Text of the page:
Chinese Firm: U.S. Rejection Deters Investment
BEIJING (AP) -- The Chinese company suing President Barack Obama for blocking its planned wind farm projects in Oregon accused the U.S. leader and his government of discrimination Thursday and warned that the case would deter Chinese investment in the United States.
Last month, Obama blocked Ralls Corp.'s plan to build four wind farms near a U.S. Navy base, after the Committee on Foreign Investment in the United States concluded it posed security risks. It was the first time a U.S. president stepped in to halt such a foreign business deal for national security reasons since 1990, when President George H.W. Bush scuttled the sale of a manufacturer to a Chinese agency.
Company bosses denied that the project posed security risks, said U.S. officials were discriminating against the firm because it was Chinese and filed a lawsuit against the U.S. government last month, adding Obama's name as a defendant earlier this month. U.S. officials have said the case has no merit and that they will "vigorously" defend against it.
Ralls Corp. CEO Wu Jialiang said at a Beijing news conference Thursday that his company "would never do anything that threatens U.S. national security."
Ralls is an associated enterprise of Sany Group, the largest construction machinery manufacturer in China. Sany said that Ralls purchased the Butter Creek wind farm project from a Greek electricity grid company with the development already approved and permits in hand.
Xiang Wenbo, a Sany director, said the company had agreed to transfer, relocate or remove the wind turbines after objections were raised, but they hadn't been allowed to. He said U.S. authorities had reached unfair conclusions, seized their property and assets and aren't to be reasoned with, likening their behavior to that of "thugs."
The case has handed Obama the opportunity to appear tough on Chinese interests during an U.S. election campaign in which both the president and his Republican challenger Mitt Romney have invoked China as a villain in their arguments about revitalizing the U.S. economy. Both have accused the other of policies that send jobs to China.
In a televised presidential debate Wednesday, Romney said he would label China a currency manipulator "on day one." Obama said he had saved 1,000 jobs by slapping levies on low-priced Chinese-made tires.
To consternation in China, a U.S. governmental report last week said Chinese telecom equipment makers Huawei Technologies Inc. and ZTE Corp. are potential security threats and recommended regulators block them from buying U.S. companies.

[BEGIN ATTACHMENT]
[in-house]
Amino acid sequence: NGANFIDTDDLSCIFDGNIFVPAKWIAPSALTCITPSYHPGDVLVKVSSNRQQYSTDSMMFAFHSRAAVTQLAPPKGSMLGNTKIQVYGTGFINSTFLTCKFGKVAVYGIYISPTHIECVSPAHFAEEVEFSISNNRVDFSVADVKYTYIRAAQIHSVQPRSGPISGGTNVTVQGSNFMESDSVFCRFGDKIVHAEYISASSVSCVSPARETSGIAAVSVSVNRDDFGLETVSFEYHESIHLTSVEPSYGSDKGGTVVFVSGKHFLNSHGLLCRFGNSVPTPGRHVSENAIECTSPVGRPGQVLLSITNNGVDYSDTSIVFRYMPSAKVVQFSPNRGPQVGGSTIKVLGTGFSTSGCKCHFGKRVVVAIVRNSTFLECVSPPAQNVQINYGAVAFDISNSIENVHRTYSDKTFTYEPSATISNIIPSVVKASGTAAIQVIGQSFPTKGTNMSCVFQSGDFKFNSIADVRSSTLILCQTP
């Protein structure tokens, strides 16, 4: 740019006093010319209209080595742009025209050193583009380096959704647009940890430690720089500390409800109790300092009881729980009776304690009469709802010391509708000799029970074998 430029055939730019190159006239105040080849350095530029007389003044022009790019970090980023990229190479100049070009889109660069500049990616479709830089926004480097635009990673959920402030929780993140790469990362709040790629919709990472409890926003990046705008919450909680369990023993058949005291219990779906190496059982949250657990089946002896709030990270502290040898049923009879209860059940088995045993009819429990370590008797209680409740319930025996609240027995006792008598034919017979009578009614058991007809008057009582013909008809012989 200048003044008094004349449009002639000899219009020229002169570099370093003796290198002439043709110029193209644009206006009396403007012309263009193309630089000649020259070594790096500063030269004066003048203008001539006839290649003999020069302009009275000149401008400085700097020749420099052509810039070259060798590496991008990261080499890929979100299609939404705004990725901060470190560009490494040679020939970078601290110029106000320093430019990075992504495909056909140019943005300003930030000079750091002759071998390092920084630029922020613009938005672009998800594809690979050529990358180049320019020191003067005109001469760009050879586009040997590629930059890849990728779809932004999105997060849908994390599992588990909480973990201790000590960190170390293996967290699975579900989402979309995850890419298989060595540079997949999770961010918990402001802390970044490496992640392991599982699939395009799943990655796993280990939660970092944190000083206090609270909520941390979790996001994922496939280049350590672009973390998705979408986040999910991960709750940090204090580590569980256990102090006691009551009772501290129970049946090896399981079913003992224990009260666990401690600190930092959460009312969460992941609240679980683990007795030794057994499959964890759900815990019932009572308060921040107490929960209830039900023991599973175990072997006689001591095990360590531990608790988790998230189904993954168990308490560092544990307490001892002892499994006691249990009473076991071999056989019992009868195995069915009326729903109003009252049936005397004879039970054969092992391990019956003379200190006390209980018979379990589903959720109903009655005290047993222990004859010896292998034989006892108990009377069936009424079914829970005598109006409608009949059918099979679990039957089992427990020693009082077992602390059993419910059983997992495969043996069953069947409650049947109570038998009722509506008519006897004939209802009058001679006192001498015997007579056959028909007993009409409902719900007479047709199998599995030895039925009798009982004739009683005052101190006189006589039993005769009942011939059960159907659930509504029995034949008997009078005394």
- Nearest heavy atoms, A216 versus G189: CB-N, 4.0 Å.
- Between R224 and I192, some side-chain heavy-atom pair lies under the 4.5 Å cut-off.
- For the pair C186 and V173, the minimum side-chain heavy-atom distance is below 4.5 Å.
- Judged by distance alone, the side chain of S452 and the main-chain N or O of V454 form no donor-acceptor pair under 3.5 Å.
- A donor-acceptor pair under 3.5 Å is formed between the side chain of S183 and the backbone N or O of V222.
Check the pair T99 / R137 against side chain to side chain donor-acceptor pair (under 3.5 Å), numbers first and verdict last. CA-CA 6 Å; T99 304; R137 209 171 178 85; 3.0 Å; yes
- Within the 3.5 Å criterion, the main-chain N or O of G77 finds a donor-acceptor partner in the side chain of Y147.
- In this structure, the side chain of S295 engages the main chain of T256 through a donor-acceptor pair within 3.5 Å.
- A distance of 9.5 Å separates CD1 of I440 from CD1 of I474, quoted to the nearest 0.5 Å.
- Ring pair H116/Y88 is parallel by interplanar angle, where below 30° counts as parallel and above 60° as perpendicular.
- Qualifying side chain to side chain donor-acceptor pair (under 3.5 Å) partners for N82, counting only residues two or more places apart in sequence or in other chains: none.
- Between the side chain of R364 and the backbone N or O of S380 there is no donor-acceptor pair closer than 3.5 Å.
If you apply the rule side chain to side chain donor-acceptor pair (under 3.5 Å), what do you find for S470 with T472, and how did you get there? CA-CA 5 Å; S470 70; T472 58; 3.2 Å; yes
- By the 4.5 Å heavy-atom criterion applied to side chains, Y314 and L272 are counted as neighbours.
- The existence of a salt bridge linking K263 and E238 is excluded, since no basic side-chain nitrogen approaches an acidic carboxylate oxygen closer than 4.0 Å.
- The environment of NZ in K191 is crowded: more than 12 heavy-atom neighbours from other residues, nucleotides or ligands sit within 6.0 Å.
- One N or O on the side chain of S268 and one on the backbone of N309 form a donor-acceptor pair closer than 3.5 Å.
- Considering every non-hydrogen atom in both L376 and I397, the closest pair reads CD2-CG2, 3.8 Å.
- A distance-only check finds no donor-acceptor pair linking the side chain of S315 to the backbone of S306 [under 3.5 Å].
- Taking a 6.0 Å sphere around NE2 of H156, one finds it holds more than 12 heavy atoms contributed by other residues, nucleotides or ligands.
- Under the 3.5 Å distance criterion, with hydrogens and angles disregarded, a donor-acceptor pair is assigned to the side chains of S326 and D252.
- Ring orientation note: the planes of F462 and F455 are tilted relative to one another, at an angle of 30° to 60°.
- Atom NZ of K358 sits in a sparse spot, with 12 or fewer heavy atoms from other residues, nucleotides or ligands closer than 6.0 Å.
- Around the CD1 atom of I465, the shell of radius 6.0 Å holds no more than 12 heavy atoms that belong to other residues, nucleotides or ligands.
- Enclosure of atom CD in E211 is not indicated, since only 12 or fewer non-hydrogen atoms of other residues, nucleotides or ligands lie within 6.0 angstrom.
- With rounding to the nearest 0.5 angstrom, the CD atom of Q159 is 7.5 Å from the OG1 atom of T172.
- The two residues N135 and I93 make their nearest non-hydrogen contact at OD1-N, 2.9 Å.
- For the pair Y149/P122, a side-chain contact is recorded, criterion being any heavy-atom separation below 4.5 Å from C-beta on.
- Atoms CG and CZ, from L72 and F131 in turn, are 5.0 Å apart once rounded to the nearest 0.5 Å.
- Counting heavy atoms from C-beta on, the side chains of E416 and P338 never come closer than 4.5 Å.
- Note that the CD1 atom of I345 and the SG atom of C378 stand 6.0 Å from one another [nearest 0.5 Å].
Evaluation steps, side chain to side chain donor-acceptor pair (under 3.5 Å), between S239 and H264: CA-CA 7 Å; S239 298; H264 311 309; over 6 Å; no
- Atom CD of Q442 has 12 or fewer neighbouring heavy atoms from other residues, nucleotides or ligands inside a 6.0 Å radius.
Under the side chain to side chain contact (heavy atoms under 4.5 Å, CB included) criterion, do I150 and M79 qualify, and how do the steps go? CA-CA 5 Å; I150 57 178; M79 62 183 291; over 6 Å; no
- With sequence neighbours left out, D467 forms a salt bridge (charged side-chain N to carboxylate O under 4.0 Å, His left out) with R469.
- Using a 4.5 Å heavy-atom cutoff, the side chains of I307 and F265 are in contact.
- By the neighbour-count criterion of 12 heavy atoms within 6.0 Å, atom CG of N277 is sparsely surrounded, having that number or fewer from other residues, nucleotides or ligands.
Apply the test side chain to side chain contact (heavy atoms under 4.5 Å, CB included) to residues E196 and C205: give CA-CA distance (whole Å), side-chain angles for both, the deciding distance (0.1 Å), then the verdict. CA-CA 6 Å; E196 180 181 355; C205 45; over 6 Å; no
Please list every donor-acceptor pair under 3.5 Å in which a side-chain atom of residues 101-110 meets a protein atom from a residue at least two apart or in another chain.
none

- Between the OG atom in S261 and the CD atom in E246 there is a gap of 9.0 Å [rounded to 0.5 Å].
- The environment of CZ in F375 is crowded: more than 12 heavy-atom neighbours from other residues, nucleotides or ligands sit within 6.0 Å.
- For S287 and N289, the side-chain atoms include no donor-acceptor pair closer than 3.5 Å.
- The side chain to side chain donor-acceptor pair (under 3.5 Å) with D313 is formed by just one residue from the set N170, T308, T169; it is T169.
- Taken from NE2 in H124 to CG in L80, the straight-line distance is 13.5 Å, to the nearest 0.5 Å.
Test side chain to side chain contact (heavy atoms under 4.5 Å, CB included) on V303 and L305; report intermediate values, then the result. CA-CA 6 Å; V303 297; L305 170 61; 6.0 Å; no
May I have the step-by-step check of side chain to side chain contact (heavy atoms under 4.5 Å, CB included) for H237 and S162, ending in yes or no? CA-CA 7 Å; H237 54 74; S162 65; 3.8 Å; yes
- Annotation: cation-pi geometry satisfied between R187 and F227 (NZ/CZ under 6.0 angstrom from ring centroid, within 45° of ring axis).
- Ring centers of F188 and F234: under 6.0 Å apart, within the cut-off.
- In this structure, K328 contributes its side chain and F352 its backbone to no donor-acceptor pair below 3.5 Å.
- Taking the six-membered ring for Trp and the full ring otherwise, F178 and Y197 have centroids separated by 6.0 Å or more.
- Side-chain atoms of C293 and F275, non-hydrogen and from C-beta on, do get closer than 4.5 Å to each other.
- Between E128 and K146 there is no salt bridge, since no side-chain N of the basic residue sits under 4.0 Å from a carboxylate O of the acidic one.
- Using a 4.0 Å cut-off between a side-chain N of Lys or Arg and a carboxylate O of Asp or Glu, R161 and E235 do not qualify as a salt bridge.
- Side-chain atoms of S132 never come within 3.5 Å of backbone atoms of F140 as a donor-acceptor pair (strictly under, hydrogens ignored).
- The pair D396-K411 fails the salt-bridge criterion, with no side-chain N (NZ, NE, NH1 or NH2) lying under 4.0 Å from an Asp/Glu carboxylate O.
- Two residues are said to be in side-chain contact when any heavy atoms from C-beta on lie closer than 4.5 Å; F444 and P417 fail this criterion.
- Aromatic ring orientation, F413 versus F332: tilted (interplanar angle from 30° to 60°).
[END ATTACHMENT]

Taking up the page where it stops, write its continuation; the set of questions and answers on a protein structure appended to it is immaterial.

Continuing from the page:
"I don't know really what signal President Obama and his administration wish to give to investors around the world," said Mei Xinyu, of the Ministry of Commerce's Institute of International Trade and Cooperation, who also spoke at the news conference. "Maybe the signal is 'Come and invest in the U.S. and then you will end up pantless and penniless.'"
The news conference panel, which also included lawyers and academics, warned that the Chinese government may be prompted to fight back by targeting U.S. companies operating on its shores.
"If the Chinese government chooses to intervene and retaliate on behalf of this company, for example by taking measures on national security grounds against companies like Apple and Cisco, then perhaps this will endanger the possibility of President Obama's reelection," said Zhang Guoqing, a political scientist at Chinese Academy of Social Sciences' American Studies Institute.
"If the United States loses the Chinese market, then it will become their biggest mistake in history," he said.
Sany alleges that the U.S. investment committee and Obama have exceeded their authority and deprived Sany of its private property rights without legal procedures. It also says that U.S. officials provided no evidence to show the project threatened American national security and that they emphasized the Chinese character of Sany Group and its Ralls Corp.'s shareholders, violating "the equal rights protected by the Constitution."
"Although a relatively small case, it connects to the fundamental faith of Chinese investors who are looking forward to investing in the U.S. as well as millions of entrepreneurs all over the world," Wu said. "I firmly believe to mishandle this delicate matter will cause the U.S. thousands of lost job opportunities."
"At the same time we have full faith in winning this lawsuit," he added.